Moten & Harney write poetic-academic, and it is not initially easy reading. The content is heavy enough, but as part of their practice of decolonising they also refuse to waste or misuse the English language, and this is a strength. Once I found a rhythm, I loved every paragraph (and reread most of them). So deep is their research, and so rich is the perspective that they present, that no word is wasted in a deceptively short book. The focus is on showing …

The Invisible Committee: To Our Friends (EBook, 2015, Semiotext(e)) 4 stars

PDF version from The Anarchist Library

A reflection on, and an extension of, the ideas …

Wry, far-reaching, loud

3 stars

This book is a response to the Invisible Committee's previous work, The Coming Insurrection. It revisits some of that book, which I have not read and don't fully understand the links. However, as a standalone work, this is interesting if often overly dogmatic. Laying out the entanglements between political, technological and social power with a pantagruelist humour throughout. Not really eye-opening but it draws some interesting connections, the most interesting being the presentation of crisis as a political tool, something that feels increasingly relevant.

The Invisible Committee: To Our Friends (EBook, 2015, Semiotext(e)) 4 stars

PDF version from The Anarchist Library

A reflection on, and an extension of, the ideas …

On the one hand, the iPhone concentrates all the possible accesses to the world and to others in a single object. It is the lamp and the camera, the mason’s level and the musician’s recording device, the TV and the compass, the tourist guide and the means of communication; on the other, it is the prosthesis that bars any openness to what is there and places me in a regime of constant, convenient semi-presence, retaining a part of my being-there in its grip.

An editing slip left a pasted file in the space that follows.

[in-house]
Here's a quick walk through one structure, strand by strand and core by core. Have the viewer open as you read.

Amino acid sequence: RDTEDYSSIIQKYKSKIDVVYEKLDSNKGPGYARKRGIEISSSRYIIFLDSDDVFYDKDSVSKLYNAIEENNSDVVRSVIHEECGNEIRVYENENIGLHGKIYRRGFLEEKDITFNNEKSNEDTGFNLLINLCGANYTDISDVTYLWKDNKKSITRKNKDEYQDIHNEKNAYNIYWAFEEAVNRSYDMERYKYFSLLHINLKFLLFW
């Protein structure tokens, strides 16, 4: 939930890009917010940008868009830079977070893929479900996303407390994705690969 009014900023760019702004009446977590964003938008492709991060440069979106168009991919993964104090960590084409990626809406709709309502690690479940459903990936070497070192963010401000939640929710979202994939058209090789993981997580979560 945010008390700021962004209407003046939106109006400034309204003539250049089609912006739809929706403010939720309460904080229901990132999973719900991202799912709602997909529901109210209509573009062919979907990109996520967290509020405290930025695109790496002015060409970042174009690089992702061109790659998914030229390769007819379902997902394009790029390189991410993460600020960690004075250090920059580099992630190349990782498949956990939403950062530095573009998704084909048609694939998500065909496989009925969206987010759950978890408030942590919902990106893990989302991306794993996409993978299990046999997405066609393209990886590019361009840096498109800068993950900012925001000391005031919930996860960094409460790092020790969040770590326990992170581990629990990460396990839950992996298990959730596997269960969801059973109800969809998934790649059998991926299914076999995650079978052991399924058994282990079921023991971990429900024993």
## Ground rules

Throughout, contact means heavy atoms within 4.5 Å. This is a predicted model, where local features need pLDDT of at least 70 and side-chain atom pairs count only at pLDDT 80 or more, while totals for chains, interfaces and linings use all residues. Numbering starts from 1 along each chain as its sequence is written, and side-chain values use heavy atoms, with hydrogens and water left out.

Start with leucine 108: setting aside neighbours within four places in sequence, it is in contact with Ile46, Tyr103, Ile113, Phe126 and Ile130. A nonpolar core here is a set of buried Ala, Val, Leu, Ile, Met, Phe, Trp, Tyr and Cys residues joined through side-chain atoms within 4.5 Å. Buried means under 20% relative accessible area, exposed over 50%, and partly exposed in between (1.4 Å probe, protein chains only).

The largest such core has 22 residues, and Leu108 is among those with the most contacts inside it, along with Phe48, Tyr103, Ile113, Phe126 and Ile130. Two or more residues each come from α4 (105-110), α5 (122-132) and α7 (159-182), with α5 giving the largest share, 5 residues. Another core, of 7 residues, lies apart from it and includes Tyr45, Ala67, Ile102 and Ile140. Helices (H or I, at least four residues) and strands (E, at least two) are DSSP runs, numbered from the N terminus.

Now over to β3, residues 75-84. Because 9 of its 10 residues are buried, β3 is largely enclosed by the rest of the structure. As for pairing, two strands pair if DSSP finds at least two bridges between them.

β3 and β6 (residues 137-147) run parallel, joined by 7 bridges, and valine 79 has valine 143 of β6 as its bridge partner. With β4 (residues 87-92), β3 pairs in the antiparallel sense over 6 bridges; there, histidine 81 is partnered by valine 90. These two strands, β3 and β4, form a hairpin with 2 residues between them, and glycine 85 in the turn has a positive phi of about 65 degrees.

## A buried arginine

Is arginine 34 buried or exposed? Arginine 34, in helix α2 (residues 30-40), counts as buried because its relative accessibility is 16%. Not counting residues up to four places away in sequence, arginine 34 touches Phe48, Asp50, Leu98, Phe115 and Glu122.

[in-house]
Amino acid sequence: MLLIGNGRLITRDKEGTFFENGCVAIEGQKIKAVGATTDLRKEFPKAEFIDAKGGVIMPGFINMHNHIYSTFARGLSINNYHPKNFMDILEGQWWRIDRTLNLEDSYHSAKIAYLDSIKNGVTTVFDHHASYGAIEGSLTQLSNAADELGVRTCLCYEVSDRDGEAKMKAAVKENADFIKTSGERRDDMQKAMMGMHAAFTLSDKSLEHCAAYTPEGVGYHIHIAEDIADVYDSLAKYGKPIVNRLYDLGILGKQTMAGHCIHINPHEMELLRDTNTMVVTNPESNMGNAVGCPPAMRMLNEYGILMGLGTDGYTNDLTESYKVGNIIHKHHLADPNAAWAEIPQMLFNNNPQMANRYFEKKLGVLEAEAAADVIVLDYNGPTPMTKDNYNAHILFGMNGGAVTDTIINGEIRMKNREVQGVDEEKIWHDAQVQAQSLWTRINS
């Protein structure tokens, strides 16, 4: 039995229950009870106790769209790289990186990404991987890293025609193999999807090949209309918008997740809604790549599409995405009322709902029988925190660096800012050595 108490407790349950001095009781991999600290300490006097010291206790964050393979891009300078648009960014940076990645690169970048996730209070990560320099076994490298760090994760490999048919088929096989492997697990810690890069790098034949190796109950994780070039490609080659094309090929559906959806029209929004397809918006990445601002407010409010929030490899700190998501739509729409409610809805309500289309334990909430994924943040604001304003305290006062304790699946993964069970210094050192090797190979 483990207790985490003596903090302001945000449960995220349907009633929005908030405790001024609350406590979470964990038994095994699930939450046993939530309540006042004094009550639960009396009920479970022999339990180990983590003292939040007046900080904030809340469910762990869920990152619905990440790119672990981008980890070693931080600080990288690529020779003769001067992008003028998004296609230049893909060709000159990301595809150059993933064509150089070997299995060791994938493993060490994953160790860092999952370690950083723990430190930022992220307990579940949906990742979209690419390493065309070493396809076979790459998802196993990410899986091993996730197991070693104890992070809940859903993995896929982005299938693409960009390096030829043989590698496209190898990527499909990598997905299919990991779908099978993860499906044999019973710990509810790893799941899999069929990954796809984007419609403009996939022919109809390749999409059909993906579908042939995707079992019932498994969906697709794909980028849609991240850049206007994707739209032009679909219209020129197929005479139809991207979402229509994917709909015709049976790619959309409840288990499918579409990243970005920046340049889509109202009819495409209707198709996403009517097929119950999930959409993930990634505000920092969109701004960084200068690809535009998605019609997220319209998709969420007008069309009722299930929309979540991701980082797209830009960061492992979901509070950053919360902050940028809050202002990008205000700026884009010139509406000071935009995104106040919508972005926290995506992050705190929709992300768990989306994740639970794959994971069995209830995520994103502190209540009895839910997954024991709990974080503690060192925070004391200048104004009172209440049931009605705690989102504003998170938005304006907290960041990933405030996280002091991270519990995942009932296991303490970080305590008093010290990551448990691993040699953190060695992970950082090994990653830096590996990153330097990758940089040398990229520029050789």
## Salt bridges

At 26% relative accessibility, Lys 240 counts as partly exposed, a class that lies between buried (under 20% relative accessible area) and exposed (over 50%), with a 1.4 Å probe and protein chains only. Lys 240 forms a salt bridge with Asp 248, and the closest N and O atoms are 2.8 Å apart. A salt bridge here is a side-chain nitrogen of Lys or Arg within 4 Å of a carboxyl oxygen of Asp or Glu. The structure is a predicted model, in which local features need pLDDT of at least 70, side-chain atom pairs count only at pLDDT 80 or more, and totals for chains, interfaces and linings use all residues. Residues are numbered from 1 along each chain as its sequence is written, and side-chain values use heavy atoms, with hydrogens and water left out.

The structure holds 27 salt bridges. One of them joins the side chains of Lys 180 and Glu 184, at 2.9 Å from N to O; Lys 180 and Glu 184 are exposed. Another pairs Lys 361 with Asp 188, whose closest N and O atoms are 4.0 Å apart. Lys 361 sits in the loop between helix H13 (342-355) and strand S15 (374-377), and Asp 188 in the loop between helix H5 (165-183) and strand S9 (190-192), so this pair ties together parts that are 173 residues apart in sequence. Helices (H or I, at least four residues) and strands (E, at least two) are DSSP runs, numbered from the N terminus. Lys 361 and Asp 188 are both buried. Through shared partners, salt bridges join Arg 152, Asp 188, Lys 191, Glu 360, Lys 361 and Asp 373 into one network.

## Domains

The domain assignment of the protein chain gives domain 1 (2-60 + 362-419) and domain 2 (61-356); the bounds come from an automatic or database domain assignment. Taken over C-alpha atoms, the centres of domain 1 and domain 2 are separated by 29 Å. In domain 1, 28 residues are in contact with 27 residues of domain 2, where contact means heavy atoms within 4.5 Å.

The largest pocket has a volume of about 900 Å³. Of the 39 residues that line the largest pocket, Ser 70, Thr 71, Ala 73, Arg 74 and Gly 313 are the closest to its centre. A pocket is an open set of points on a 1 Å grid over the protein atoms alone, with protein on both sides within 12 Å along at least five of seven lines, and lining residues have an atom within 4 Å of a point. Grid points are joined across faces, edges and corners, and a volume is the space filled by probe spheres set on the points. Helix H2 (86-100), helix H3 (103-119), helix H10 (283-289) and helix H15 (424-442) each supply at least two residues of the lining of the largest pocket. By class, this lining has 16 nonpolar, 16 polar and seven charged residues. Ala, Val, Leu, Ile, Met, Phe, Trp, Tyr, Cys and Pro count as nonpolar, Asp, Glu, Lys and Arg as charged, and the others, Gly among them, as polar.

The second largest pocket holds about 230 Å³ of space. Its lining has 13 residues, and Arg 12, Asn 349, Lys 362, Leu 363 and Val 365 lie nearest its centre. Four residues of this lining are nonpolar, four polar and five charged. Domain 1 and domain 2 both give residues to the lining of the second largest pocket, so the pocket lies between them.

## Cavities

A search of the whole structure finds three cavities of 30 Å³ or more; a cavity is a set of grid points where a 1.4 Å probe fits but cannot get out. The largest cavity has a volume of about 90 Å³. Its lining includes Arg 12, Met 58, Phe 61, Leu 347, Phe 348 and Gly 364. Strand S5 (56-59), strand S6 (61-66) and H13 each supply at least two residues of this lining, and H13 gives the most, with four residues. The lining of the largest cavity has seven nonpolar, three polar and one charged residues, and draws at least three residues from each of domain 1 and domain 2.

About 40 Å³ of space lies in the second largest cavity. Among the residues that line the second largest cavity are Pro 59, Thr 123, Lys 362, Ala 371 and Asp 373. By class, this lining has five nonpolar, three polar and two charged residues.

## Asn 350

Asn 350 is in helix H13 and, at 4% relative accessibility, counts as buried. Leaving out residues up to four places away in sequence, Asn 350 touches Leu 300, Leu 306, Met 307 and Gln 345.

To Our Friends by  (Page 15)

Stefano Harney, Fred Moten, Zun Lee: All Incomplete (Paperback, 2021, Minor Compositions) 5 stars

Building on the ideas Harney and Moten developed in The Undercommons, All Incomplete extends the …

The plantation is the First Bank of the United States. The plantation is the Federal Reserve. The good debt that is never paid off is opposed to the bad debt that is never paid, only ever partially remitted and only in name, gesturally, appositionally, tragicomically, in the rich, deadpan austerity of our refusal of austerity. We be barbecuing in the park, roasting these beautiful chestnuts all over the agora.

All Incomplete by , , (Page 85)

El Putnam: Livestreaming (EBook, 2024, University of Minnesota Press) 4 stars

Livestreaming is ubiquitous in our Covid-19-inflected era. In this book, EL Putnam takes up the …

Concise yet broad review of livestreamed performance art

4 stars

This short book covers more ground than it ought to. In six chapters, Putnam draws connections between photographic media, camgirls, streamed acts of political resistance and COVID-19 performance artworks through online media. It is a breadth of information and interesting connections, underpinned by the socio-technological philosophy of Gilbert Simondon.

Putnam is a thoughtful author, and leaves scope for different readings and space for different bodies to understand this book. The relationship between artist->camera->transfer infrastructure->screen->audience as it has unfolded over the past 30 years is taken into consideration and leaves lots of room for thought. As a research project, it is comprehensive and clear, and an enjoyable read.